And I write this, as it happens just a few days away from the shortest, darkest day of the year, when dealing with those health-related issues seems harder than ever.


I know these are all “first-world” problems really.

In the scheme of things, my bad back, caused by such a sedentary working day, is just a minor niggle. Yes, I can get a bit snappy and do tend to take the worry home with me if I’ve had a particularly stressful day. And yes, the coffee I’m chugging all day to raise enough energy to get through the afternoon does make me sleep poorly, but at least I’ve got somewhere safe and warm to sleep – it isn’t really such a big issue, is it?

Except it is a big issue really.

In a big picture sense, it’s an important issue because in the UK just those factors of stress, anxiety and musculoskeletal disorders account for around 20 million lost working days every year (HSE link).

On a more individual level, I think it’s also a big issue, because poor physical health and un-managed stress have such a huge impact on emotional well-being. And emotional well-being is the key to the self-awareness and good relationship-management that actually drives so much of our success (or otherwise) at work.

As Bruce Lee famously said:

You cannot pour from an empty cup.

If our physical and emotional reserves are low, our interactions with colleagues will be less effective and our work will suffer.


Not all of my clients are dealing with poor-ish health though. Some put a lot into maintaining their health and do it very successfully. And of those who do carry health conditions that will aways need managing, some manage them very well indeed.

My own health and emotional well-being seems to go up and down in long phases. I can have many years where I’m cycling or running regularly, eating healthily and living a well-balanced life, and then something happens to knock that off course and it might take a couple of years for me to get it back on track again.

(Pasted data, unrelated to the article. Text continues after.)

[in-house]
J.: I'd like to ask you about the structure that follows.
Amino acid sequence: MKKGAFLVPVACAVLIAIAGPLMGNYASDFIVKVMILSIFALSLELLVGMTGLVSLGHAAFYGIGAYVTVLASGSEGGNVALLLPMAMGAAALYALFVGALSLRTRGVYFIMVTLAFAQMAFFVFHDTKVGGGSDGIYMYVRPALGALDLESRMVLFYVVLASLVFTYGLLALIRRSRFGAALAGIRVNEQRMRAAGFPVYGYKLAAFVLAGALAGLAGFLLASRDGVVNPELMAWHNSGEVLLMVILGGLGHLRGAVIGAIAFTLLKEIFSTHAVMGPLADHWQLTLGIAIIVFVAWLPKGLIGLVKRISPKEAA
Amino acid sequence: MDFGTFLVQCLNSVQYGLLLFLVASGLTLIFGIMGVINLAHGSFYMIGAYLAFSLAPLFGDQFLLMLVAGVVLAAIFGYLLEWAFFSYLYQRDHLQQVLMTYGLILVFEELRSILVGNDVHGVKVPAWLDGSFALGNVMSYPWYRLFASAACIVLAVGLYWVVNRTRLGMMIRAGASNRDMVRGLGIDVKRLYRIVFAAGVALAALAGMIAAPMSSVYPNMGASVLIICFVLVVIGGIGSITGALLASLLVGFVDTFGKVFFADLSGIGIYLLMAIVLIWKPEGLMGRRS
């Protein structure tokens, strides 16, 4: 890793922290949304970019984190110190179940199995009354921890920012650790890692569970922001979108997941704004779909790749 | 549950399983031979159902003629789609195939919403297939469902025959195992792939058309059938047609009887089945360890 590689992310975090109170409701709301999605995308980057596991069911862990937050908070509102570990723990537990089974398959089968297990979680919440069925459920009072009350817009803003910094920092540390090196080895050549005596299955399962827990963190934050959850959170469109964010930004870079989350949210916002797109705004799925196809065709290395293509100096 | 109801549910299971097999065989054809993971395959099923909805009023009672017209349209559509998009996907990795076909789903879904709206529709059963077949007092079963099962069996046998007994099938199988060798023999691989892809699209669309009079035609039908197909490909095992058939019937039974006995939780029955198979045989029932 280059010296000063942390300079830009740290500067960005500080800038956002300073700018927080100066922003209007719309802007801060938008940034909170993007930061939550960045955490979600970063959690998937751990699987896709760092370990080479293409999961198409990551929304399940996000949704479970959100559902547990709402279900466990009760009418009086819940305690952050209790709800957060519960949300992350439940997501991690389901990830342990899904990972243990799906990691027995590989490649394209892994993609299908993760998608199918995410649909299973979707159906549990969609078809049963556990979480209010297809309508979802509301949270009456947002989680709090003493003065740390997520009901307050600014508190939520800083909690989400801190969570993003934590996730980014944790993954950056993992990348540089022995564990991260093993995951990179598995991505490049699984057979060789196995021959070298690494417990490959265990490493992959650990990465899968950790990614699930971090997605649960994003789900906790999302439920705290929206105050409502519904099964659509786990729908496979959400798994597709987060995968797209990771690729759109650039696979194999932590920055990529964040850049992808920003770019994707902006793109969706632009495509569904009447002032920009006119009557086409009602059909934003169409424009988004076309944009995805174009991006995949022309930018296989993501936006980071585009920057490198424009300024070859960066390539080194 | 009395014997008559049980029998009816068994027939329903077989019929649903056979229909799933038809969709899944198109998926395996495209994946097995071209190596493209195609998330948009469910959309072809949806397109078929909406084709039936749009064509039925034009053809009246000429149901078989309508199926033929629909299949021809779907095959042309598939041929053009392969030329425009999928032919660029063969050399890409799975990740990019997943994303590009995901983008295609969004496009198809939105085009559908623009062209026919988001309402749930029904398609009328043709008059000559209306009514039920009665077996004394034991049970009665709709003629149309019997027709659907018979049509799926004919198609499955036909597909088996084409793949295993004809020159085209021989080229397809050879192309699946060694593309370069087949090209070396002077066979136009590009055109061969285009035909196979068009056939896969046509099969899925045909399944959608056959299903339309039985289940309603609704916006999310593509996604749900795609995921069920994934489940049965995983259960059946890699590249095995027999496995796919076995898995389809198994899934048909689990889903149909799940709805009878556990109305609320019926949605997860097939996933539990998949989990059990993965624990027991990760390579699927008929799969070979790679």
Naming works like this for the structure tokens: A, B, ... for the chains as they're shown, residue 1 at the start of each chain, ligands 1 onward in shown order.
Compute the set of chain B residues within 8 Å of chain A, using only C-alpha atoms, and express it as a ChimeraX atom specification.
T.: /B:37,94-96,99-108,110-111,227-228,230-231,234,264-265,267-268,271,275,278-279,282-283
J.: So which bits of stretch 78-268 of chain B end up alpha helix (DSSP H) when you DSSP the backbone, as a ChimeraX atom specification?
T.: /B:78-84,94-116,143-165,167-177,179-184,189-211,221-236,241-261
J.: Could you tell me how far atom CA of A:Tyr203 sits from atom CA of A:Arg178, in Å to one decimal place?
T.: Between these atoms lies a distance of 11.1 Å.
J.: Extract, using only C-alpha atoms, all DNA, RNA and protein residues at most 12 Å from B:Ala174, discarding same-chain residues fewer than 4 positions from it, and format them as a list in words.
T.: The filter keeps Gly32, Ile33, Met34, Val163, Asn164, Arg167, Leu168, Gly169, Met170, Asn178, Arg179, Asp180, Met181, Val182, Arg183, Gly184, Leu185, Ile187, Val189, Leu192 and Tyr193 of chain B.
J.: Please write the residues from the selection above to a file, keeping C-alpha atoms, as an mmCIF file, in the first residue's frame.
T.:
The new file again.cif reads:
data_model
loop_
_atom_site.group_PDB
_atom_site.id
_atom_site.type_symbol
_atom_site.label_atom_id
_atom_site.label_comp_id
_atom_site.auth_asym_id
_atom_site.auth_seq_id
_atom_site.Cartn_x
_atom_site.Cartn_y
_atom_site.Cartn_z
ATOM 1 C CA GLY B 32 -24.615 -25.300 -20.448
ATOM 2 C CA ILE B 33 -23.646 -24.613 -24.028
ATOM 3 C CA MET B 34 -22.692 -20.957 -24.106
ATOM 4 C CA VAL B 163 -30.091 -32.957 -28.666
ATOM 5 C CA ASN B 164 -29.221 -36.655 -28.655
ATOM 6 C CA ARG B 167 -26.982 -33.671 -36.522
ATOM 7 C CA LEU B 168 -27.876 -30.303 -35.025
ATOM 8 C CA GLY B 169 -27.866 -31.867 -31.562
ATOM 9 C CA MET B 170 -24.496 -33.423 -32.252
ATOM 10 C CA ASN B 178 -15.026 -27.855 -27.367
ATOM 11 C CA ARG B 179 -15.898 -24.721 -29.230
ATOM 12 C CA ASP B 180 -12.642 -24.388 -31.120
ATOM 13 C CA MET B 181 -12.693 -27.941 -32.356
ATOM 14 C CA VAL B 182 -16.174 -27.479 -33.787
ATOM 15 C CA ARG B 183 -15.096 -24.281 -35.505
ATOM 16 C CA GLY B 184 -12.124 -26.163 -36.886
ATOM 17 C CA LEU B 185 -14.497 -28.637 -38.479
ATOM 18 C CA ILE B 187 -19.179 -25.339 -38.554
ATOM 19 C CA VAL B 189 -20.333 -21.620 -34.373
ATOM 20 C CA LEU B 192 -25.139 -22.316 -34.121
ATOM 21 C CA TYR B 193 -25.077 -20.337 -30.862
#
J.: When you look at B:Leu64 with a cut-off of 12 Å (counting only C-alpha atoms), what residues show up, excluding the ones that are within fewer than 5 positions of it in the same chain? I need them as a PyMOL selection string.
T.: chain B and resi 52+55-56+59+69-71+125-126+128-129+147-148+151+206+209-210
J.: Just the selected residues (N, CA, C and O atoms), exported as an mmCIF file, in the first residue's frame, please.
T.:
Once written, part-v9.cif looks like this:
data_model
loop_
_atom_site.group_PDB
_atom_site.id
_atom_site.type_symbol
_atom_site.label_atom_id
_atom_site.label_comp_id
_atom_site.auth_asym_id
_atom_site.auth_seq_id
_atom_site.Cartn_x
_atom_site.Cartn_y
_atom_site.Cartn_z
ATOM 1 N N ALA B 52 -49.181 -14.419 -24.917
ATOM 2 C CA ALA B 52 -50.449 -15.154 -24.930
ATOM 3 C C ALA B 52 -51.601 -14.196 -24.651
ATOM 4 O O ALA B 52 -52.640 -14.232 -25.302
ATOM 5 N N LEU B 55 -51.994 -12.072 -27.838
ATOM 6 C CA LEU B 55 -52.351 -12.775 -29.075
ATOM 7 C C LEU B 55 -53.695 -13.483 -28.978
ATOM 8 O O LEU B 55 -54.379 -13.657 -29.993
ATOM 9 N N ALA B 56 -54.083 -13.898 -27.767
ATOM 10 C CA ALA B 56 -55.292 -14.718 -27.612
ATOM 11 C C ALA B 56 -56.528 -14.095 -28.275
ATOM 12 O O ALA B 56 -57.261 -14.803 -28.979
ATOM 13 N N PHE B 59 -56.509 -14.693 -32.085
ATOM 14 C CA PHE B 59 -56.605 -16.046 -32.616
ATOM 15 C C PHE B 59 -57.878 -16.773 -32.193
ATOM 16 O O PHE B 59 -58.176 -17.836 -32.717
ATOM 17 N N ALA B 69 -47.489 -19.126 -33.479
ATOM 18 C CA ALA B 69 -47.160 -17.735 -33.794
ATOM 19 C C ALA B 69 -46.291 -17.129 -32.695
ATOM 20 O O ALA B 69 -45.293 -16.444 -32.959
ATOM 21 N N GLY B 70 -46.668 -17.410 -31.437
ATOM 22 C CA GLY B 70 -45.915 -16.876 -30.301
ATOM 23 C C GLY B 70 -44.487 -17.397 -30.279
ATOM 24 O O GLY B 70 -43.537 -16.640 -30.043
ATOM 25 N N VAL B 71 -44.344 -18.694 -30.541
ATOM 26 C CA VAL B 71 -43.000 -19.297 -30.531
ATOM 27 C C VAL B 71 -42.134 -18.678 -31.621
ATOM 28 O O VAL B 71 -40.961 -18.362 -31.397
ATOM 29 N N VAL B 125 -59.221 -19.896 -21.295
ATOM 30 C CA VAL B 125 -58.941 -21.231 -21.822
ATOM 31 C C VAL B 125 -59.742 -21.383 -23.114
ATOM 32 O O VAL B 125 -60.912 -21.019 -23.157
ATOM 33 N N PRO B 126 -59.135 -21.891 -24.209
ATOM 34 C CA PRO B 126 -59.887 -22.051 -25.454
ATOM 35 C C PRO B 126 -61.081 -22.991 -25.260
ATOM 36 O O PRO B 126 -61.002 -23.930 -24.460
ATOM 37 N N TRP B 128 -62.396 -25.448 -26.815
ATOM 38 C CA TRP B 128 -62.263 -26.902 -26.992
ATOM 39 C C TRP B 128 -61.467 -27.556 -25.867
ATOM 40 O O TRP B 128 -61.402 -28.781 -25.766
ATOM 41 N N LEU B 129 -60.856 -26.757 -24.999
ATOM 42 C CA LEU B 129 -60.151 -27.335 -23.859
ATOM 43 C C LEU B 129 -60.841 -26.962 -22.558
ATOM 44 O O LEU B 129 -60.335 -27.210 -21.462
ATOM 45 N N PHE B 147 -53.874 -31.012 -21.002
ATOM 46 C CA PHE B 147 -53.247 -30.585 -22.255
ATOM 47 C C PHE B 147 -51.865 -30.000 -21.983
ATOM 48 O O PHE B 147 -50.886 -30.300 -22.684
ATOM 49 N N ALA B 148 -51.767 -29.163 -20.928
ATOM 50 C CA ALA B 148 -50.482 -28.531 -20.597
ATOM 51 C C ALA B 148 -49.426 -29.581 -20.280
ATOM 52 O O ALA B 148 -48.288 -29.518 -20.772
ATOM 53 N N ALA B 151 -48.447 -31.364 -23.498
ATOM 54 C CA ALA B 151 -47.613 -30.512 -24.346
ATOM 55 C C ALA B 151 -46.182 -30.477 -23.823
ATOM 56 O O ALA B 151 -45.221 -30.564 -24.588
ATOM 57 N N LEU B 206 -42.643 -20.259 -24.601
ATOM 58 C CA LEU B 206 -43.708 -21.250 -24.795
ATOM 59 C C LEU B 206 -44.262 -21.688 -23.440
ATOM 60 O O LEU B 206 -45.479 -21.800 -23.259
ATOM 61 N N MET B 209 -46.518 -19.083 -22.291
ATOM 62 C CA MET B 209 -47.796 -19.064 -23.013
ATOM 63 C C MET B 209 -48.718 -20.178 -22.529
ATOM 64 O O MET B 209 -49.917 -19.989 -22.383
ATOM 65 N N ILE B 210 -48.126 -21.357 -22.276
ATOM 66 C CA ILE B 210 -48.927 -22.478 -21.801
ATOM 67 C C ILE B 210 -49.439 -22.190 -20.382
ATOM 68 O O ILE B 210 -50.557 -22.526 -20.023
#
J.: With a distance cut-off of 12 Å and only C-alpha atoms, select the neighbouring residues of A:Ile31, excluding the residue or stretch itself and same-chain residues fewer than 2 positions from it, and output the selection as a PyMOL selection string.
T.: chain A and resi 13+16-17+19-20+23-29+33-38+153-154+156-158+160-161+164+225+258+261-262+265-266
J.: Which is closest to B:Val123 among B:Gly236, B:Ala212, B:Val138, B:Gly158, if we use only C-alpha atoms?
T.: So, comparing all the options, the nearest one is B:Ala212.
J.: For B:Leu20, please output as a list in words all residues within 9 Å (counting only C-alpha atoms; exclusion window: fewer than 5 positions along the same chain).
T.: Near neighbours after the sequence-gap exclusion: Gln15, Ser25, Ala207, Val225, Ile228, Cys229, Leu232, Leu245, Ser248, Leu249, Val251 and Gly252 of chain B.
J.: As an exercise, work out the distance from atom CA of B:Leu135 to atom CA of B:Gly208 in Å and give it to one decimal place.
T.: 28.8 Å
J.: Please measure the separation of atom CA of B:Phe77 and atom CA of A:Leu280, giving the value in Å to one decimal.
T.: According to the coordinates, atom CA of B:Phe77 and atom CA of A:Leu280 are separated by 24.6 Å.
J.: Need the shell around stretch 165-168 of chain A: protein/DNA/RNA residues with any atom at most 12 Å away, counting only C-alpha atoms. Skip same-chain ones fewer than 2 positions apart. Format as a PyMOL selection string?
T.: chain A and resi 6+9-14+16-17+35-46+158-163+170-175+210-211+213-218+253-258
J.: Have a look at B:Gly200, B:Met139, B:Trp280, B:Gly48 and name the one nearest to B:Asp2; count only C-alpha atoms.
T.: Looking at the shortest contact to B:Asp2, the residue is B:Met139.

I don’t know what the key to the physical side of all this is.

Having read about and trained with and followed a number of regimes, I still couldn’t say “Here are the seven steps to psychical well-being” with anything like certainty.

I do know that for me, changing things for the better has often involved quite small starts – deciding to go out for 20 minute walk at lunchtime no matter the weather, for example. Or just mentioning I was feeling physically drained to a friend resulting in an unexpected invitation to a long-distance bike ride – with enough time to train for it!

Actually, maybe those are part of the key:

  • Do something small; and
  • Reach out and ask for help.

What’s your experience been – how’s your health and well-being; does it have an impact on your ‘success’ at work; how did you change your health for the better?


My instinct is that this is such a big issue that I should reach out myself to a few people I know and get some more about this up on my website – watch this space.

As usual, please leave me a comment if they’re still open below, or tweet me @NickRobCoach. And be healthy.





 

Leading from the Light Side

One change that makes all the difference to your leadership, management and personal fulfilment

Please click the image above and then right-click to download or save your copy.

One great way to really up your game, as a leader, a manager or personally, is to regularly check-out which side you’re coming from. Is your motivation coming from the Dark Side, or the Light Side? The Dark Side isn’t bad – it can be useful in the short-term and in some circumstances. But it rarely gets people what they really want. The trick is to become conscious of our Dark Side motivations and use them to initiate a change of approach. Then we can actively choose a Light Side motivation for something that we really want to achieve.


As usual, please add a comment below if they’re still open, or tweet me @nickrobcoach – how do you make sure you’re not leading from the Dark Side?